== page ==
I mostly wrote this post on the way back and from York for Lib Dem conference. This is the first time I’ve been for several years. This is mostly because I have busy. However, at least part of it is due to my reluctance to go along and applaud politics that on the whole I did not think much of.
I was among the small minority of Liberal Democrats to oppose going into coalition. And my misgivings increased massively after it took the party months to recognise that the Health and Social Care Act was going to be a disaster.
So while I stuck with the party, this was a matter of reluctant calculation rather than passion. However, that has changed for several reasons.
1. The Economy
As I’ve previously written here, while the return of economic does not necessarily vindicate past austerity measures, it does negate the need for further Keynesian stimulus in the near future. Therefore, I don’t see the party’s commitment to retrenchment as a problem anymore.
I am by Lib Dem standards a Eurosceptic. I am broadly happy with our current relationship with the EU, and have no desire for further integration – at least outside of foreign and defence policy. However, it is now clear that that relationship is under threat. It is menaced by a toxic combination of rapid Europhobia on the right, and apathy on the left and among the public. In such a situation, the strong pro-European voice we provide is very necessary.
It also helps that the EU itself seems to have found a clear purpose. After years of fumbling around in its response to the Eurozone crisis, its original mission of promoting democracy and human rights has renewed relevance. Rather than Communism, the present threat is authoritarian nationalism. This comes both from outside the Union (like Vladamir Putin) or inside it (such as Golden Dawn or Hungary’s Putin wannabe Viktor Orbán). Both situations need the EU: either in a co-ordinating role for the Union’s foreign policy or upholding its standards of governance. In fact, one of the best ways to punish Russia for its aggression might to spike its plan for a rival to the EU by expanding the real thing (and NATO) into Russia’s sphere of influence.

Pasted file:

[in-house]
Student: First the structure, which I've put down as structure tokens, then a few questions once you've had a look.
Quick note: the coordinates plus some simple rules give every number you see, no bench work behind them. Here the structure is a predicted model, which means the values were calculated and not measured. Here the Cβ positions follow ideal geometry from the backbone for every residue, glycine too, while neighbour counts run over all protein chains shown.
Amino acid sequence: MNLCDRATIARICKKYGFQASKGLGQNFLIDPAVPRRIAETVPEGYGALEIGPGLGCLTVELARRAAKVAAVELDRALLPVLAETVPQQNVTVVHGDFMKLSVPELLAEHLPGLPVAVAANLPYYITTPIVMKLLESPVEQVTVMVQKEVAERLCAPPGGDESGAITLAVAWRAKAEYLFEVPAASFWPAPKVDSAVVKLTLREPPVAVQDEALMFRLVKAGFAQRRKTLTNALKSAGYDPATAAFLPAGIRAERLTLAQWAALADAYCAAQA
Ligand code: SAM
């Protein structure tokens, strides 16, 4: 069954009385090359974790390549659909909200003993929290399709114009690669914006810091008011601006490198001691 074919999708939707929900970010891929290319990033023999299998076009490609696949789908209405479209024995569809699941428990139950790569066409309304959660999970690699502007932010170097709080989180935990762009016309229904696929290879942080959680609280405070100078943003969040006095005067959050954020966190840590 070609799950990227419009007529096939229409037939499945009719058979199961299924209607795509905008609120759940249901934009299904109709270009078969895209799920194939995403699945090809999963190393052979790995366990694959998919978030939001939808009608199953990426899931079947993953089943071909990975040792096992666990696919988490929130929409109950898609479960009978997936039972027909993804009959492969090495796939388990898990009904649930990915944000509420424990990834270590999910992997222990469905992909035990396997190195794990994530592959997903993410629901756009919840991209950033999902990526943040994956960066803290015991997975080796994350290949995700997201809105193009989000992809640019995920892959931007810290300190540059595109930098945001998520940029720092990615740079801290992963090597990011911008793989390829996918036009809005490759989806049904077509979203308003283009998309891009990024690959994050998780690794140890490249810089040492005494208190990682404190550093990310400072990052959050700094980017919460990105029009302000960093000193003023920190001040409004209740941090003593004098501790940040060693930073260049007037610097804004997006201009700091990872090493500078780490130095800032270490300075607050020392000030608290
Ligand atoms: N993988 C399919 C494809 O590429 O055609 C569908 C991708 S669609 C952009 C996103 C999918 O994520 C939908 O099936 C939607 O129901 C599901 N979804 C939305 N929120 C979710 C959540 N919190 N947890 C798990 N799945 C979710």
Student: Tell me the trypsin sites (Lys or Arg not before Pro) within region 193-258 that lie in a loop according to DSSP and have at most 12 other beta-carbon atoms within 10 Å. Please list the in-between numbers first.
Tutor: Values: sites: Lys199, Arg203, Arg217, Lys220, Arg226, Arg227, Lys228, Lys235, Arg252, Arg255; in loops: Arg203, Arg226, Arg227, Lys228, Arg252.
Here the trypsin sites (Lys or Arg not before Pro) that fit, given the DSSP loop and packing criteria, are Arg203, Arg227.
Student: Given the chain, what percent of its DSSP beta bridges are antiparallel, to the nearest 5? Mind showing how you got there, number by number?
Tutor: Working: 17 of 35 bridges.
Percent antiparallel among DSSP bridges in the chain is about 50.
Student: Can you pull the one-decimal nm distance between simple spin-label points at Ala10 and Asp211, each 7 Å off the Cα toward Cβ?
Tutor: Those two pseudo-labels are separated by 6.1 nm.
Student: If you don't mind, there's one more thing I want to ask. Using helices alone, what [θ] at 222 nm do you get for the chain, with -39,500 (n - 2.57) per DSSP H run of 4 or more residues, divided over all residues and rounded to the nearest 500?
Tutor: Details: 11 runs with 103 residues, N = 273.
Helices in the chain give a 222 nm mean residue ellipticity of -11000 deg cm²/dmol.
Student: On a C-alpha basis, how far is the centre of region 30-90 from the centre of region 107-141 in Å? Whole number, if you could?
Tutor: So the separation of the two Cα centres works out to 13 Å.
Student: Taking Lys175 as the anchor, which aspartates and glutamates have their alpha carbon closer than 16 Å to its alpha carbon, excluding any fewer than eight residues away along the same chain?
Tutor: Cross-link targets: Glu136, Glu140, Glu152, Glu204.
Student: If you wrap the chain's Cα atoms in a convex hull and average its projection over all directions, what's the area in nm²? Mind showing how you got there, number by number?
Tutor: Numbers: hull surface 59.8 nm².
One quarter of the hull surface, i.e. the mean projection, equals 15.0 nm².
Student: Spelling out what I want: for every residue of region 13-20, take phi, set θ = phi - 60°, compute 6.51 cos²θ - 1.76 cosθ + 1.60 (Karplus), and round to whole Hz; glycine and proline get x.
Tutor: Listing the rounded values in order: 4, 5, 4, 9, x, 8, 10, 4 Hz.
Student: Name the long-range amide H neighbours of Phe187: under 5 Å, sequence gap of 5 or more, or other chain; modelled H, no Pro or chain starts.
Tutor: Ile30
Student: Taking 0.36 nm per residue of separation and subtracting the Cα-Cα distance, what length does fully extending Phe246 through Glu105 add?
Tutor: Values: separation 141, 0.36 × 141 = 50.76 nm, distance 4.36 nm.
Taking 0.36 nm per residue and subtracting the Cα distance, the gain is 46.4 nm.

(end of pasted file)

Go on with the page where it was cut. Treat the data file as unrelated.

In short, the EU is too important to be diminished by a British exit. There needs to be someone working concertedly to stop it.
3. Labour is feeble
A recent Economist article summed up this problem when it says: “Mr Miliband’s headline solutions, uttered at the crescendo of his remaking-capitalism rhetoric, are so unimpressive as to cast doubt on his prospectus.”
For me, the totemic example of this is the energy price freeze. A policy that makes very little impact, disappears after two years with no lasting impact and potentially damages the environment.
I don’t think I am alone in my renewed enthusiasm. Party membership is (miraculously) up, this year’s conference had a nice vibe and Clegg’s speech was well received both inside the party and out. This is undoubtedly a difficult time to be a Lib Dem but it’s also an exciting one.